George Shultz, Ronald Reagan’s Secretary of State, reports that after the 1983 Grenada invasion (in which the United States was able somehow to defeat a country with a population less than that of Peoria, Illinois) French officials told him that Syria feared a U.S. attack. The French pressed Shultz for reassurance that Washington would not strike Syria. "Let Damascus worry," Shultz said. "It was fascinating," Shultz recalled in his memoir Turmoil and Triumph, "to see this sudden effect of our Grenada operation halfway around the world. I assured my colleagues privately that we had no plan to retaliate against Syria, but ‘I would not want to reassure the Syrians.’"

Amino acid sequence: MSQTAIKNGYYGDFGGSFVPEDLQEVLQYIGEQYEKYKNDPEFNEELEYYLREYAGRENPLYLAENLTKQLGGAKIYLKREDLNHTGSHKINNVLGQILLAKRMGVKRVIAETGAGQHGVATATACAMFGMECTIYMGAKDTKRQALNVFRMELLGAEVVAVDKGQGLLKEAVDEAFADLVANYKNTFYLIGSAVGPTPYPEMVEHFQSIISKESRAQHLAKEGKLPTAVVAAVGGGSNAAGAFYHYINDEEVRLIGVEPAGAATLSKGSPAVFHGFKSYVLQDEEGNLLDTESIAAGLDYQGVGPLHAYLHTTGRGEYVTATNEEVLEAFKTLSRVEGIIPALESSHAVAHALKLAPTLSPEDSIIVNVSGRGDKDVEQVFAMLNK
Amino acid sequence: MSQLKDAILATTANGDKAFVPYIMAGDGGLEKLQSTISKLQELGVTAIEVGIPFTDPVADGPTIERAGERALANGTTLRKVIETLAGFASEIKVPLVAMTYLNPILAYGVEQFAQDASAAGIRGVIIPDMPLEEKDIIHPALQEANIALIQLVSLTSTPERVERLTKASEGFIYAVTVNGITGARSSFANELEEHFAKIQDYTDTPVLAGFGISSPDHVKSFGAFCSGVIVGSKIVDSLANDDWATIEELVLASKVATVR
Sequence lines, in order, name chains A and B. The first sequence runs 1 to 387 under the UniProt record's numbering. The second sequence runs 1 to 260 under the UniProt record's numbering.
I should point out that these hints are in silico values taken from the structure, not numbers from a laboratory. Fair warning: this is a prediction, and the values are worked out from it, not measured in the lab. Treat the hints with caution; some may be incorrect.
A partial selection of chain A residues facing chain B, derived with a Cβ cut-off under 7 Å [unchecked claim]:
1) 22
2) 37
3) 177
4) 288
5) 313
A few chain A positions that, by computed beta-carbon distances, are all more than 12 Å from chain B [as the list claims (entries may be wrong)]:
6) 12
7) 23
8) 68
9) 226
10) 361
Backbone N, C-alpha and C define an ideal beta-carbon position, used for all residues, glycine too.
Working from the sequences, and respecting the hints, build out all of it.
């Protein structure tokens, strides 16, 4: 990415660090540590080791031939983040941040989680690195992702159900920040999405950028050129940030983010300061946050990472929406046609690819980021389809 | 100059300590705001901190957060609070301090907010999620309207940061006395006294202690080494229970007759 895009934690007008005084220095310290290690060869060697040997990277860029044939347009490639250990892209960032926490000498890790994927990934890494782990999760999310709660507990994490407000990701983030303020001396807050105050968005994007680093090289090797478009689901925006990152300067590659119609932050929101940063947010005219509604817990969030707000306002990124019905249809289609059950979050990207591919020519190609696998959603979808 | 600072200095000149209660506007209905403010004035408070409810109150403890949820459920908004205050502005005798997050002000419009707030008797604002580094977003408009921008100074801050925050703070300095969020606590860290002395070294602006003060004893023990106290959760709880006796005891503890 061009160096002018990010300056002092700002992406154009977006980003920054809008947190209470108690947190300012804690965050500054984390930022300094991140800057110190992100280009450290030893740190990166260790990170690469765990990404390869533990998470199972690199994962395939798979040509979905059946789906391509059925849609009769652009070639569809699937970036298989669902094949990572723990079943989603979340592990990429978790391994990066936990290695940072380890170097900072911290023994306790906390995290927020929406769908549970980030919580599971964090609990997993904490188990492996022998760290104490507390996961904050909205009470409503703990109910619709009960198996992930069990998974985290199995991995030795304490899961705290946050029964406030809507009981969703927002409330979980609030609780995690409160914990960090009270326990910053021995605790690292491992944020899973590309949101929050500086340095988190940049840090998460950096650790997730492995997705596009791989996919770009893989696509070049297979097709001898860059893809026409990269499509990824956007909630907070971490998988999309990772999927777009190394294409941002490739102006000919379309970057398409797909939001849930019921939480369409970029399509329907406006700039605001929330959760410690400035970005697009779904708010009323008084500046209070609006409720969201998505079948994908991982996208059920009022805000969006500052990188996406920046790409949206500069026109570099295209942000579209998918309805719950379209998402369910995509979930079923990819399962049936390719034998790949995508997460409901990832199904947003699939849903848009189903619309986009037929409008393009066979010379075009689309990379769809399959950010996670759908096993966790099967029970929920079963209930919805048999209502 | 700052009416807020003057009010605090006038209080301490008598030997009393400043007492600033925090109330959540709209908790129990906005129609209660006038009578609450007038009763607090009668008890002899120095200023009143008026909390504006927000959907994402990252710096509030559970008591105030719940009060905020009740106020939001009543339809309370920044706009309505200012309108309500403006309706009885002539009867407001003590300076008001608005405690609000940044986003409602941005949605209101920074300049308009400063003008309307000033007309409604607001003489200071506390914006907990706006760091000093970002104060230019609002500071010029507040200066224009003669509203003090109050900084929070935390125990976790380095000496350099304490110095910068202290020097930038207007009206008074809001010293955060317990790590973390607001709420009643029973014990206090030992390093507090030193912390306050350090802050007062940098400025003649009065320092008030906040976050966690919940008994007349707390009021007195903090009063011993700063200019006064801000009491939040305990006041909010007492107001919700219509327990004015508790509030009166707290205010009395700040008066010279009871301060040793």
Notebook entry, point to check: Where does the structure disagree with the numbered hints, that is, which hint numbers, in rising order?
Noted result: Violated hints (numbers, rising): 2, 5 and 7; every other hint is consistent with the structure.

This fascination with terrifying adversaries showed up numerous times during the Reagan administration, from provoking — and then attacking — Libya to conducting reckless military exercises off the Soviet coast. In September 1986, for example, a U.S. naval battle group, including a nuclear-missile-armed battleship, sailed into the Sea of Okhotsk for a simulated attack on Soviet territory; and in November 1987, in Operation Shooting Star, A-6 Intruders flew mock bombing runs toward a large Soviet naval base. So when Clinton unleashed his barrage of cruise missiles on Sudan he was following the well-established policy of the United States. His impeachment troubles may have encouraged the attacks — not as a diversion, but rather to send a message that his domestic difficulties would not restrain U.S. ferocity.
Clinton, like his predecessors in the White House, used force and the threat of force to scare and intimidate all who might reject U.S. dictation. The technical term for such a policy is "terrorism." Impeachment anybody? (See the petition at http://www.ccnet.com/~suntzu75/news_archives/1999/political/pdot9 908.htm.)